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November 2007
John Cusack Keeps Martian Child Down to Earth

Much like Hugh Grant’s foray into more serious fare with 2002’s About a Boy, John Cusack, another consummate bachelor in real life, proves he’s got dramatic range and emotional gravitas in the otherworldly drama Martian Child.

  • Christa Banister |
  • November 02, 2007 |
  • comments
October 2007
Feel-Good Dan in Real Life a Nice Option

Overall, Dan in Real Life is a must-see, a total feel-good movie. It’s been a long time since I’ve observed an audience laughing and cheering so unabashedly. So it’s good to have a nice moviegoing option again.

 
Truths Are Gained in Things We Lost in the Fire

“Accept the good.” That’s the moral of Things We Lost in the Fire, and although the characters’ ideas of good aren’t consciously grounded in the ultimate Good, director Susanne Bier’s drama is tough to shake.

  • Christian Hamaker |
  • October 19, 2007 |
  • comments
 
A Few too Many Bumps along Reservation Road

Reservation Road take on issues of loss, grief and the ways in which we cope with the sudden death of a loved one. While not without merit, it has a few too many bumps. Steer clear for now, but this one may be worth catching on home video.

  • Christian Hamaker |
  • October 19, 2007 |
  • comments
 
Rendition Tortures Viewers with Simplicity and Slow Pacing

While “extraordinary rendition” is certainly a provocative topic in a post 9/11 world, the team behind Rendition doesn’t mind choosing the most simplistic, even manipulative, methods to getting its message across.

  • Christa Banister |
  • October 19, 2007 |
  • comments
 
Gritty Gone Baby Gone Begs Tough Decisions

Based on Dennis Lehane’s novel of the same name, Gone Baby Gone beckons us to play God right along with the protagonist and ask ourselves what hard decision we would make about the life and well-being of a little kidnapped girl.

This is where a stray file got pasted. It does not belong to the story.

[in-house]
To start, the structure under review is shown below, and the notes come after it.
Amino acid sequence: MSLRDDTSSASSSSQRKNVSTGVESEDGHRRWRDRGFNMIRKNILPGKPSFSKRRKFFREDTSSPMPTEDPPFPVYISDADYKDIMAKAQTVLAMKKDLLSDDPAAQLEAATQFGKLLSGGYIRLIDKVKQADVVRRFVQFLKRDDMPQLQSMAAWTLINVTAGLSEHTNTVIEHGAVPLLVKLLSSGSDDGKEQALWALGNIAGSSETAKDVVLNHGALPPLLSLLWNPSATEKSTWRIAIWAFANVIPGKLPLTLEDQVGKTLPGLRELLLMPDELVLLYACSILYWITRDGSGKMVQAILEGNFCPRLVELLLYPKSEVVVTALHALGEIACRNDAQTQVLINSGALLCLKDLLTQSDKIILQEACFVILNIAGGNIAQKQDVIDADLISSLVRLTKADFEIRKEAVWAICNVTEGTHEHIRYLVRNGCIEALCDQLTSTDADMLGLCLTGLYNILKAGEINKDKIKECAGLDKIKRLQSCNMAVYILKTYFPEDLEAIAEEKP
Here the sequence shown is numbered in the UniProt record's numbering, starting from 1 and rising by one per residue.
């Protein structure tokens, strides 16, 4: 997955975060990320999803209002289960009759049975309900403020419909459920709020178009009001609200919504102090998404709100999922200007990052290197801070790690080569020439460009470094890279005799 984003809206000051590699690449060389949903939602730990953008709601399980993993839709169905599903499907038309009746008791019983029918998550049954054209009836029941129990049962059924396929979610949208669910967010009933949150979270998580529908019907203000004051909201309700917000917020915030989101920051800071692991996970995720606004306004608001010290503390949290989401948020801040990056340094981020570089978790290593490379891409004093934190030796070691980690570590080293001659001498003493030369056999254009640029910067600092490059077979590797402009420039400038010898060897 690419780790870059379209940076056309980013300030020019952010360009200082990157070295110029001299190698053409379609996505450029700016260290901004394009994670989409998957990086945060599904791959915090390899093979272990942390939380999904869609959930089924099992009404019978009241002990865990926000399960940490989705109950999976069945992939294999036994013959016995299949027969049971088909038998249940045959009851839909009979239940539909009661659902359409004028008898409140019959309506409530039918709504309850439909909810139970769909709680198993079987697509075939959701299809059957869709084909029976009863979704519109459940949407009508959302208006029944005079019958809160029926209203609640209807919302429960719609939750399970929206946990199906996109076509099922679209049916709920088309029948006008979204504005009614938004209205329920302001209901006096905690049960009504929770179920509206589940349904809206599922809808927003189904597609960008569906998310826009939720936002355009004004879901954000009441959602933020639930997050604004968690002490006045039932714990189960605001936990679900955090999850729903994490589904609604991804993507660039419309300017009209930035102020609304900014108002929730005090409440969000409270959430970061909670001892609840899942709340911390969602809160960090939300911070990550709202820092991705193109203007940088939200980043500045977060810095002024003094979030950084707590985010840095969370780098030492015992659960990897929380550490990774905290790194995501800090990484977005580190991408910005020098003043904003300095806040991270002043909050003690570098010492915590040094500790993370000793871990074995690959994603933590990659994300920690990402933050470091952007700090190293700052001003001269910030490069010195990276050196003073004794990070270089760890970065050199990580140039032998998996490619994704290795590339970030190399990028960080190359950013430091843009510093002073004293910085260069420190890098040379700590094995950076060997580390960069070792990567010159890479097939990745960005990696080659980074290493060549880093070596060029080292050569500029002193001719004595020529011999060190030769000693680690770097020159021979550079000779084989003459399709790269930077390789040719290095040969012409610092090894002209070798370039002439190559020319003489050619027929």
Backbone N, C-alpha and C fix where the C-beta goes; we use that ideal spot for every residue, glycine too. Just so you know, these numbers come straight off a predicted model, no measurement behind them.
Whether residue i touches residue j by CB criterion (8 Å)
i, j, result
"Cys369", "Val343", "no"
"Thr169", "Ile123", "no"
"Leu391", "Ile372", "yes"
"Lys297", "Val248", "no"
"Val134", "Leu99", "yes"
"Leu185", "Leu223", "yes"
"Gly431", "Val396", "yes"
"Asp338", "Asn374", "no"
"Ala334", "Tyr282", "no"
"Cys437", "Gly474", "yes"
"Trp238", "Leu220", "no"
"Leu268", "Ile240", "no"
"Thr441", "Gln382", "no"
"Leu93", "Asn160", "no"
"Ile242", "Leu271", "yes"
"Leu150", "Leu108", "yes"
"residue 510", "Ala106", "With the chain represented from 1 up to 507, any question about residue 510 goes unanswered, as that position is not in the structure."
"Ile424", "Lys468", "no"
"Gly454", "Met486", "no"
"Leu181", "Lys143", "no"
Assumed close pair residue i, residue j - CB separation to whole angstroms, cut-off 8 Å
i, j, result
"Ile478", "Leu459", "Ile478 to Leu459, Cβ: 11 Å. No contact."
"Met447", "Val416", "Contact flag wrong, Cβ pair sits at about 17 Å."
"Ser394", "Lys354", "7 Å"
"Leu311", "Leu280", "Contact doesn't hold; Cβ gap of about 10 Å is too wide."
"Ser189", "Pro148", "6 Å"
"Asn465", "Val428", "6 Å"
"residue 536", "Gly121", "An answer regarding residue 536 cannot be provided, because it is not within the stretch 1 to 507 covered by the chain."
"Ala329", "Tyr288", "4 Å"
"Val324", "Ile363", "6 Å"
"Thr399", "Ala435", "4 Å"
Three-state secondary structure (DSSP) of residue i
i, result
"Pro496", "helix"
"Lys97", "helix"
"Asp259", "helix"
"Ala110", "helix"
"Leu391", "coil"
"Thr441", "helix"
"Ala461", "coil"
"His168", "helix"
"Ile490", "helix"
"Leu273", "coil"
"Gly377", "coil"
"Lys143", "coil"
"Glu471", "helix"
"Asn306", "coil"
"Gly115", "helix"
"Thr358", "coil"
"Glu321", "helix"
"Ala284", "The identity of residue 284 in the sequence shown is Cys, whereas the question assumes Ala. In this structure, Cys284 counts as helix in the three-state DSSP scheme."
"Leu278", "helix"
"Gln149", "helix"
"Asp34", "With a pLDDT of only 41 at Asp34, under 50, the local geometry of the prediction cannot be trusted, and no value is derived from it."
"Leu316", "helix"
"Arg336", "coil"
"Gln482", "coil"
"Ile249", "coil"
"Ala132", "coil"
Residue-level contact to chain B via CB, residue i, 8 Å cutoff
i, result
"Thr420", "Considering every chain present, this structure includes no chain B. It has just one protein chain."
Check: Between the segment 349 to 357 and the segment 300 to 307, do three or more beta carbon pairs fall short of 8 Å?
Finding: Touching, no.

• Eric & Lisa Rice |
  • October 19, 2007 |
  • comments
 
Small-Town Spirit Falls Short in “The Final Season”

Although they’re both set in Iowa and they’re both about baseball, let’s get something straight right off the bat (no pun intended): The Final Season just can’t compete with Field of Dreams.

  • Christa Banister |
  • October 12, 2007 |
  • comments
 
Polished Michael Clayton Tells Its Story with Panache

Michael Clayton is crisp and propulsive, without being at all alienating. The story tackles clear, documented corporate criminality that will have even the most hardened supporters of Big Business wanting to see justice done.

  • Christian Hamaker |
  • October 12, 2007 |
  • comments
 
New Twists Given to Sleuth Remake

This remake of the 1972 classic of the same name has been given some distinctly new twists. Based on the successful stage production by Anthony Shaffer, it featured Lawrence Olivier as Wyke and Michael Caine as Tindle, in Jude Law’s current role.

  • Annabelle Robertson |
  • October 12, 2007 |
  • comments
 
Prodigal Son Echoes to Be Found in We Own the Night

Echoes of the prodigal son parable abound in the latest crime film by director-screenwriter James Gray. Although the plot isn’t brilliant and suffers from obvious contrivances, it’s still an engaging spectacle.

  • Annabelle Robertson |
  • October 12, 2007 |
  • comments
October 2007
Nearly Perfect Elizabeth Ties History to Entertainment